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  #41  
Old 01-29-2018, 08:38 PM
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Originally Posted by 2004 Blazer View Post
Have you tried to activate the ABS to get it to cycle ? You have good conditions to do this with slippery roads, ice & snow. The first week I had mine I tested the ABS and blew the rear brake line. All is well after a replacement line was installed. I did not have to have the ABS bled at that time .
Reverse bleeding is the only method capable of bleeding tough ABS units without a scan tool.https://www.amazon.com/Phoenix-Syste.../dp/B00GRV800S
Yes, last Monday and Tuesday, it was snowy and icy. The brake pedal was fine until after several ABS tops in the snow and ice last week, so I figured that the ABS unit had to have still had some air trapped that got cycled into the lines, but when I tried bleeding the air out this weekend, none came out. We're supposed to get a little bit of snow this weekend, so hopefully it's enough to make the roads slick for a couple of hours. The only thing I can think of to do is to take it out on the ice again and stomp on the brakes several times, then bleed it again immediately afterwards.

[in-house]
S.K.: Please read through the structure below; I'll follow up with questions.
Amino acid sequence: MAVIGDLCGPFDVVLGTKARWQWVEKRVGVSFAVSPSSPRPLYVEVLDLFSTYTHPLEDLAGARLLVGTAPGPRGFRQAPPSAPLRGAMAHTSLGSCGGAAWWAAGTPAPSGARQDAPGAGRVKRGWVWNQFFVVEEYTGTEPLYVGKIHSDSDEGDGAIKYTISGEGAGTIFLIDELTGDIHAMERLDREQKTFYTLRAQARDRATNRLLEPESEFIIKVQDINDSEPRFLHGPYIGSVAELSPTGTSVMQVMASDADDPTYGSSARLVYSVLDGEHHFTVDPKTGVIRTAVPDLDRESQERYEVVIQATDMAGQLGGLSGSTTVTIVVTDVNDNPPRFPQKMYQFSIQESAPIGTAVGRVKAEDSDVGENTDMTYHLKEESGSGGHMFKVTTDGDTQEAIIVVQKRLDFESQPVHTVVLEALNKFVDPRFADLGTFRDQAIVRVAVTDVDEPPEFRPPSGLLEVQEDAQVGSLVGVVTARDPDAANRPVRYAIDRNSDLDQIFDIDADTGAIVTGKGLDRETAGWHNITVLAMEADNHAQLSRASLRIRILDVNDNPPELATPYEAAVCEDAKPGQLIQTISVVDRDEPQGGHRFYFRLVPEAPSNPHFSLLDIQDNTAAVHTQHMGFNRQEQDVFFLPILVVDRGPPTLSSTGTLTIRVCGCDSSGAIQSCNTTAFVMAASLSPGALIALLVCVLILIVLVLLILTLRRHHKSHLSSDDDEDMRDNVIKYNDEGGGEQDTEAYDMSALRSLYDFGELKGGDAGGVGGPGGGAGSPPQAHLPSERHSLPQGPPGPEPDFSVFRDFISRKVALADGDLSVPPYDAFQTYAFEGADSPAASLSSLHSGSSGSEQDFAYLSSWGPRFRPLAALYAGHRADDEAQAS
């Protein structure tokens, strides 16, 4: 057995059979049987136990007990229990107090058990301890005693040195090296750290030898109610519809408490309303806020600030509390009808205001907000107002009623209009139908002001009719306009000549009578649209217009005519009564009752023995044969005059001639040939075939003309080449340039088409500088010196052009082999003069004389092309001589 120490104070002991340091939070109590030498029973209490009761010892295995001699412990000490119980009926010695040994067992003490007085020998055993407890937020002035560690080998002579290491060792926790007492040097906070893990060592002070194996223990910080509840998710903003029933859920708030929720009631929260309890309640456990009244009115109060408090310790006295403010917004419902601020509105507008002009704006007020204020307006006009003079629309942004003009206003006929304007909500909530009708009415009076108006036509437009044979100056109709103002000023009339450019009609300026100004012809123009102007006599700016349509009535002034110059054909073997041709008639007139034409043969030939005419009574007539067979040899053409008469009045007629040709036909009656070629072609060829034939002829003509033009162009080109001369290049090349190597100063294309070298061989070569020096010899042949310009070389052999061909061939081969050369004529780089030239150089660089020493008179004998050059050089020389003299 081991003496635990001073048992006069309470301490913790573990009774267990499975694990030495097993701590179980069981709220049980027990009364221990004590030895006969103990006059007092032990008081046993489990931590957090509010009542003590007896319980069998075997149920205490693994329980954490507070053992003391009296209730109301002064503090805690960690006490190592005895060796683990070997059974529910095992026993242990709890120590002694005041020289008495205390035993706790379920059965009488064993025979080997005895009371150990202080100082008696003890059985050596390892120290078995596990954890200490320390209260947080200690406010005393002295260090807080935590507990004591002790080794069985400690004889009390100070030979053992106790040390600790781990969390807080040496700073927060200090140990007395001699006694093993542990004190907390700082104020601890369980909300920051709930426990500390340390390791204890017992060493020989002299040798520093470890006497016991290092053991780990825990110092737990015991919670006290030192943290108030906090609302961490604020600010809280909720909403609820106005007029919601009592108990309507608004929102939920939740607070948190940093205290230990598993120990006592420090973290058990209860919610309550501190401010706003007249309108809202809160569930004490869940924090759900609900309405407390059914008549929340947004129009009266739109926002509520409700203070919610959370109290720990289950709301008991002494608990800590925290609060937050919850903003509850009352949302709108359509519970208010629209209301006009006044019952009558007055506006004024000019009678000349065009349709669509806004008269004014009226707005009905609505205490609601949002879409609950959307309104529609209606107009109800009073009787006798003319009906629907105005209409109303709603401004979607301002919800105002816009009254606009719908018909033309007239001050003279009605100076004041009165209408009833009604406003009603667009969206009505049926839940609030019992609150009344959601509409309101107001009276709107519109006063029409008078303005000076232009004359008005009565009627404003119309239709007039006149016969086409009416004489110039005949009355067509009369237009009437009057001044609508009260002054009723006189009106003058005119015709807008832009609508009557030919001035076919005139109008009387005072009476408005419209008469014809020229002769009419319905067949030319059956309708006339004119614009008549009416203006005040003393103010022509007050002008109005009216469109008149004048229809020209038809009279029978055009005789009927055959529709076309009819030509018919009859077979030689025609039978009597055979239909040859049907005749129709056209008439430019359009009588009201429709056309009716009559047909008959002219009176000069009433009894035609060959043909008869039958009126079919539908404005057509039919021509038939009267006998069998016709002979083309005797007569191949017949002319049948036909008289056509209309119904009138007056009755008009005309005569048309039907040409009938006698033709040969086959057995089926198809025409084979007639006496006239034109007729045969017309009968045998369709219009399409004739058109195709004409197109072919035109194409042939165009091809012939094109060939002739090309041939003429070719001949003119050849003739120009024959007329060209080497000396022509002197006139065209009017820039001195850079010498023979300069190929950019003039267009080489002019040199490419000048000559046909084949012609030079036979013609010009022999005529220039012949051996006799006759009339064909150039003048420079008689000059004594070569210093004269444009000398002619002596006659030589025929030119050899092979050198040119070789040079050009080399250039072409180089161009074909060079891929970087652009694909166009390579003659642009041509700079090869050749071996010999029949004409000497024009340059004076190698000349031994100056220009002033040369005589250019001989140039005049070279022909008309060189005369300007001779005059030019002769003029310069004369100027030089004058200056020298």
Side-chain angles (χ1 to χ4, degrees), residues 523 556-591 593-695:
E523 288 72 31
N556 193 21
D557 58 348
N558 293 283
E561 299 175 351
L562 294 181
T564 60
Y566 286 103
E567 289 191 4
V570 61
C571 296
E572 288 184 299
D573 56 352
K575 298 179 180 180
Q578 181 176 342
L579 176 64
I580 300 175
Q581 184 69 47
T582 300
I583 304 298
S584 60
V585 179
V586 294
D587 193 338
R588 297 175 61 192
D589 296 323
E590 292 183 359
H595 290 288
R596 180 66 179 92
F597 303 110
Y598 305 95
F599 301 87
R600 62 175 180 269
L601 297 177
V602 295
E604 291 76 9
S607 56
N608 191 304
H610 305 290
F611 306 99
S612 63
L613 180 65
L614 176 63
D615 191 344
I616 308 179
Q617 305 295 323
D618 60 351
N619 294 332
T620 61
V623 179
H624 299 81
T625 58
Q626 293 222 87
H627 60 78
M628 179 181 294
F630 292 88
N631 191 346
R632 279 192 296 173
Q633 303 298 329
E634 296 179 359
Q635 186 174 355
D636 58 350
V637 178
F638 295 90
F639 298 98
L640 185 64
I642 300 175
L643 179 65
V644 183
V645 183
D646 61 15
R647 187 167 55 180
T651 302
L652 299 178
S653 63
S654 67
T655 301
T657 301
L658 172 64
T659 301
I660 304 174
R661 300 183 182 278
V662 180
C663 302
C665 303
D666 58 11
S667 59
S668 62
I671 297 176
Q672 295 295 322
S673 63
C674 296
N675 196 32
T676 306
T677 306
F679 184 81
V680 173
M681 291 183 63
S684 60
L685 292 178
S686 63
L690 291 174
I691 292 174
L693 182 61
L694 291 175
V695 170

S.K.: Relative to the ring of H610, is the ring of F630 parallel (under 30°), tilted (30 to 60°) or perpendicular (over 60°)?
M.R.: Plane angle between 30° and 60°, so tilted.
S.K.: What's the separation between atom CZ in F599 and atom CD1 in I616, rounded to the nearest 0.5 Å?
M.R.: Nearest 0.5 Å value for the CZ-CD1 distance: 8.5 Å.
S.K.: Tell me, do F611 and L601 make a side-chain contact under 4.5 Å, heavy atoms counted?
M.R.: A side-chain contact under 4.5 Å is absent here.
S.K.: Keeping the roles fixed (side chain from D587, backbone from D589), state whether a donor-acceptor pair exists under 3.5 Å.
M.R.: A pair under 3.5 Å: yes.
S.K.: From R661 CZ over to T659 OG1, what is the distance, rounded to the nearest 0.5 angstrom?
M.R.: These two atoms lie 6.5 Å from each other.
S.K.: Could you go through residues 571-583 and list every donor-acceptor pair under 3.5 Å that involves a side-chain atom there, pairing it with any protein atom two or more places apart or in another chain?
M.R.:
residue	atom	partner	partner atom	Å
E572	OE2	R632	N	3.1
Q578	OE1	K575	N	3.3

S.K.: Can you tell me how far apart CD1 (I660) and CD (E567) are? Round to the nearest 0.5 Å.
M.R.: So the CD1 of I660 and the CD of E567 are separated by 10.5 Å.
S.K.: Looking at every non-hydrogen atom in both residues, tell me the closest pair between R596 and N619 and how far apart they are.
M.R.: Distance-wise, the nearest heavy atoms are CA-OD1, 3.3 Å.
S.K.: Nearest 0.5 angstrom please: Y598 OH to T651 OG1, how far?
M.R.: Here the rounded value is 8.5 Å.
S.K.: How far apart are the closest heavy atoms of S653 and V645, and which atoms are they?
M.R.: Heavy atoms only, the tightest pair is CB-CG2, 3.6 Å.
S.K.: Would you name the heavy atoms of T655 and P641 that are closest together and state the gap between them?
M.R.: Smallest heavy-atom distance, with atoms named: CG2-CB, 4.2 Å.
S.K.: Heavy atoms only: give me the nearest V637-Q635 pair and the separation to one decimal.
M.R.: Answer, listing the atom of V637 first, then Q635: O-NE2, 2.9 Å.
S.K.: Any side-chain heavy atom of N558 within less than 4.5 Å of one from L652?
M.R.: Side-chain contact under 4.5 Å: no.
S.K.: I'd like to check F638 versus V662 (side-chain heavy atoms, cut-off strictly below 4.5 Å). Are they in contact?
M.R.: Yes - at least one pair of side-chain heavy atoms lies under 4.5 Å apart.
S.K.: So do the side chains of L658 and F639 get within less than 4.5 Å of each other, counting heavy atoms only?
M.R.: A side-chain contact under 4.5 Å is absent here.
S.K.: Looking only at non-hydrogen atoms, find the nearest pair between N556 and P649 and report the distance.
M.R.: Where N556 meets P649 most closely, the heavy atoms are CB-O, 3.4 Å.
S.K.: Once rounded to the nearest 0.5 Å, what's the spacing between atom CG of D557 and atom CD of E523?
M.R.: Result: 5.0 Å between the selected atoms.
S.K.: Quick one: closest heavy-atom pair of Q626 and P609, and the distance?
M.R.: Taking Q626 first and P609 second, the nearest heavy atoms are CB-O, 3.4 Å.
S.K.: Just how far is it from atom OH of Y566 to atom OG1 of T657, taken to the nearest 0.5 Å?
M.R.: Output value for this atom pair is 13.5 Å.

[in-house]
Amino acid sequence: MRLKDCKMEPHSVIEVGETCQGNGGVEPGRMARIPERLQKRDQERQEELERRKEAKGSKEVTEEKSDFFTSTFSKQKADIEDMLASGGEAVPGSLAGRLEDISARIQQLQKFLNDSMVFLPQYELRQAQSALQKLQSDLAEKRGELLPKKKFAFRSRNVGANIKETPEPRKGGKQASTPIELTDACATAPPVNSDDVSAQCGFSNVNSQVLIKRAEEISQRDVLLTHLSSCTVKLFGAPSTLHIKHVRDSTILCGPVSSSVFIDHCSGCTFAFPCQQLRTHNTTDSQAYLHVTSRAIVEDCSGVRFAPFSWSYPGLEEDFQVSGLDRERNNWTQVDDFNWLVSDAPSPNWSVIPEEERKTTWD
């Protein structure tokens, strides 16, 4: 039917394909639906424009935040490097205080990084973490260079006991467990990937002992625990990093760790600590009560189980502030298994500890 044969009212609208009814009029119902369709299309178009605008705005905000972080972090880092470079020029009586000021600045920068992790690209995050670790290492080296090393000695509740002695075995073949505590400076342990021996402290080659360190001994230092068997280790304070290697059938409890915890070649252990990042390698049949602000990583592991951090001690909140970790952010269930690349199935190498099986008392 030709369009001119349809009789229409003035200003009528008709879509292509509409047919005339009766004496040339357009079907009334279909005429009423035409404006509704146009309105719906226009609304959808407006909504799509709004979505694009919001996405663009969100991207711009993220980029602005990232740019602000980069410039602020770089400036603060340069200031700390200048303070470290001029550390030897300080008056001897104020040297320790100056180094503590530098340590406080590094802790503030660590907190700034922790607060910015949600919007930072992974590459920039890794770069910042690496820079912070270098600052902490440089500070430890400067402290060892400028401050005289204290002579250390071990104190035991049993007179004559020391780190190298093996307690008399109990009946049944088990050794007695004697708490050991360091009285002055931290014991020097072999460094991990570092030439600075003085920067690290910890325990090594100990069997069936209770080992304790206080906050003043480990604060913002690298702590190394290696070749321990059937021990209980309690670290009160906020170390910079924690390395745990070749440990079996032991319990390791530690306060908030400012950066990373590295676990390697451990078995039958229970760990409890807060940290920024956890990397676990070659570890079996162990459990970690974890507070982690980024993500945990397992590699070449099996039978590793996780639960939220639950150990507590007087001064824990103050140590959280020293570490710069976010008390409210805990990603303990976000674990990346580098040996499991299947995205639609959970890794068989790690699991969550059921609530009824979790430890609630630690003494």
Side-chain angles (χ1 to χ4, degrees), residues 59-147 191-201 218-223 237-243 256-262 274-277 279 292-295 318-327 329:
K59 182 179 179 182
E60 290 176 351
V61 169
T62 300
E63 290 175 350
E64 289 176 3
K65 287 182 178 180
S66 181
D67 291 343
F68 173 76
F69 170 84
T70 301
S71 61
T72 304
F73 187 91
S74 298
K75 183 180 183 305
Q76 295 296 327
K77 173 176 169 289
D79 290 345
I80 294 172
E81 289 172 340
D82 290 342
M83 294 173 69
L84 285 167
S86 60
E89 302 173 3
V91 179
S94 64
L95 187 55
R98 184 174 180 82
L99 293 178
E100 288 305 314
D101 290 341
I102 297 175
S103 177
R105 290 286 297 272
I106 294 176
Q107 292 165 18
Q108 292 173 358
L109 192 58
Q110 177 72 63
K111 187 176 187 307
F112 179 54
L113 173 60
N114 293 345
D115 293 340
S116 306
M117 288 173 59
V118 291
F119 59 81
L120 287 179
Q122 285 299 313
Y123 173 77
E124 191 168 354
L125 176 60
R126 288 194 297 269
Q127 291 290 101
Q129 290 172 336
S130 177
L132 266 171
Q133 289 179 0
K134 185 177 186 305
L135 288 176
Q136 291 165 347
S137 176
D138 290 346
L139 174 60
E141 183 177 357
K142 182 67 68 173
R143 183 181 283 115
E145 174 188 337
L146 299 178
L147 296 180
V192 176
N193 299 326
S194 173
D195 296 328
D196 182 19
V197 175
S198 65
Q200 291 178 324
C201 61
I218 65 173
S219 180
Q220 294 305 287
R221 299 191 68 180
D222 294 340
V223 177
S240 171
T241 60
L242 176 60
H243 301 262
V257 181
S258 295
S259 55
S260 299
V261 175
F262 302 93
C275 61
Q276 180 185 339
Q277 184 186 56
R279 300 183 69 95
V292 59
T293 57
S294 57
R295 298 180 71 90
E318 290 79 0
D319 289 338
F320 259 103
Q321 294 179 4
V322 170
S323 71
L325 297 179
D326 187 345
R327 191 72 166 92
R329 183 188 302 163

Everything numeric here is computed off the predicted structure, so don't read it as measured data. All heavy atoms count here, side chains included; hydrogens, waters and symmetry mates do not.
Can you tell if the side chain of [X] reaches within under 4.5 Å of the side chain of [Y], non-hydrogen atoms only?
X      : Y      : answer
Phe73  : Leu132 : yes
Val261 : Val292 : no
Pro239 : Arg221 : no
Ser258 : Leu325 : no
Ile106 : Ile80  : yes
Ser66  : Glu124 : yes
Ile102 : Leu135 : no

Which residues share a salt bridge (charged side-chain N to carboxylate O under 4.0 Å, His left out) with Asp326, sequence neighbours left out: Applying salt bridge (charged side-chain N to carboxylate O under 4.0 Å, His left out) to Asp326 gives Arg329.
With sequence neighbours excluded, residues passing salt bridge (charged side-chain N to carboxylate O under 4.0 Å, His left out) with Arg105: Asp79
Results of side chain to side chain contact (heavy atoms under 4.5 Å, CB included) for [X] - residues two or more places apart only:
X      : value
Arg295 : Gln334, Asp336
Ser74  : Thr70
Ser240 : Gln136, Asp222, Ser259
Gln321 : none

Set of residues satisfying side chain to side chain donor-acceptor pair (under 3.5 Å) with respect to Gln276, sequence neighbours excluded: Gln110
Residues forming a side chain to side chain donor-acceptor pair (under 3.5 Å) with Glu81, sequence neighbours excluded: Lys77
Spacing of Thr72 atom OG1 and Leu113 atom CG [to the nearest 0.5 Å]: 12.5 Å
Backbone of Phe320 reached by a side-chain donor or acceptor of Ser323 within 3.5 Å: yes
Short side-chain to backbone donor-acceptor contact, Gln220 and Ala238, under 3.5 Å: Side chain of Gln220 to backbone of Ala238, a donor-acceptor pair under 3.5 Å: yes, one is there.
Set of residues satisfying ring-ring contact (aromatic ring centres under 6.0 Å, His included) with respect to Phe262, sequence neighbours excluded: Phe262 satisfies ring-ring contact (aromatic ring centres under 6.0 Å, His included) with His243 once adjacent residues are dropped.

I had never heard of a reverse bleeder. Thanks for the link. If I can't get it bled after this next snowfall, I'll order that and give it a try.

Last edited by stevbre1; 01-29-2018 at 08:54 PM.
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  #42  
Old 01-29-2018, 10:19 PM
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Quote:
Originally Posted by stevbre1 View Post
Yes, last Monday and Tuesday, it was snowy and icy. The brake pedal was fine until after several ABS tops in the snow and ice last week, so I figured that the ABS unit had to have still had some air trapped that got cycled into the lines, but when I tried bleeding the air out this weekend, none came out. We're supposed to get a little bit of snow this weekend, so hopefully it's enough to make the roads slick for a couple of hours. The only thing I can think of to do is to take it out on the ice again and stomp on the brakes several times, then bleed it again immediately afterwards.

I had never heard of a reverse bleeder. Thanks for the link. If I can't get it bled after this next snowfall, I'll order that and give it a try.
This coming directly from a Chevy tech forum
"

I was able to bleed the rear brakes on my mother's 1995 Grand Caravan after replacing a rusted steel line by driving the van and forcing it into an ABS skid. This requires enough fluid in both systems that some pressure will build up with the brake pedal. If one side is low and the pressure-differential valve trips, it will turn on the red "Brake" warning light. The computer will see that light and not know if it will be able to run the ABS function if needed, so it will shut it down and turn on the yellow "ABS" warning light. To do this trick the yellow light must be off.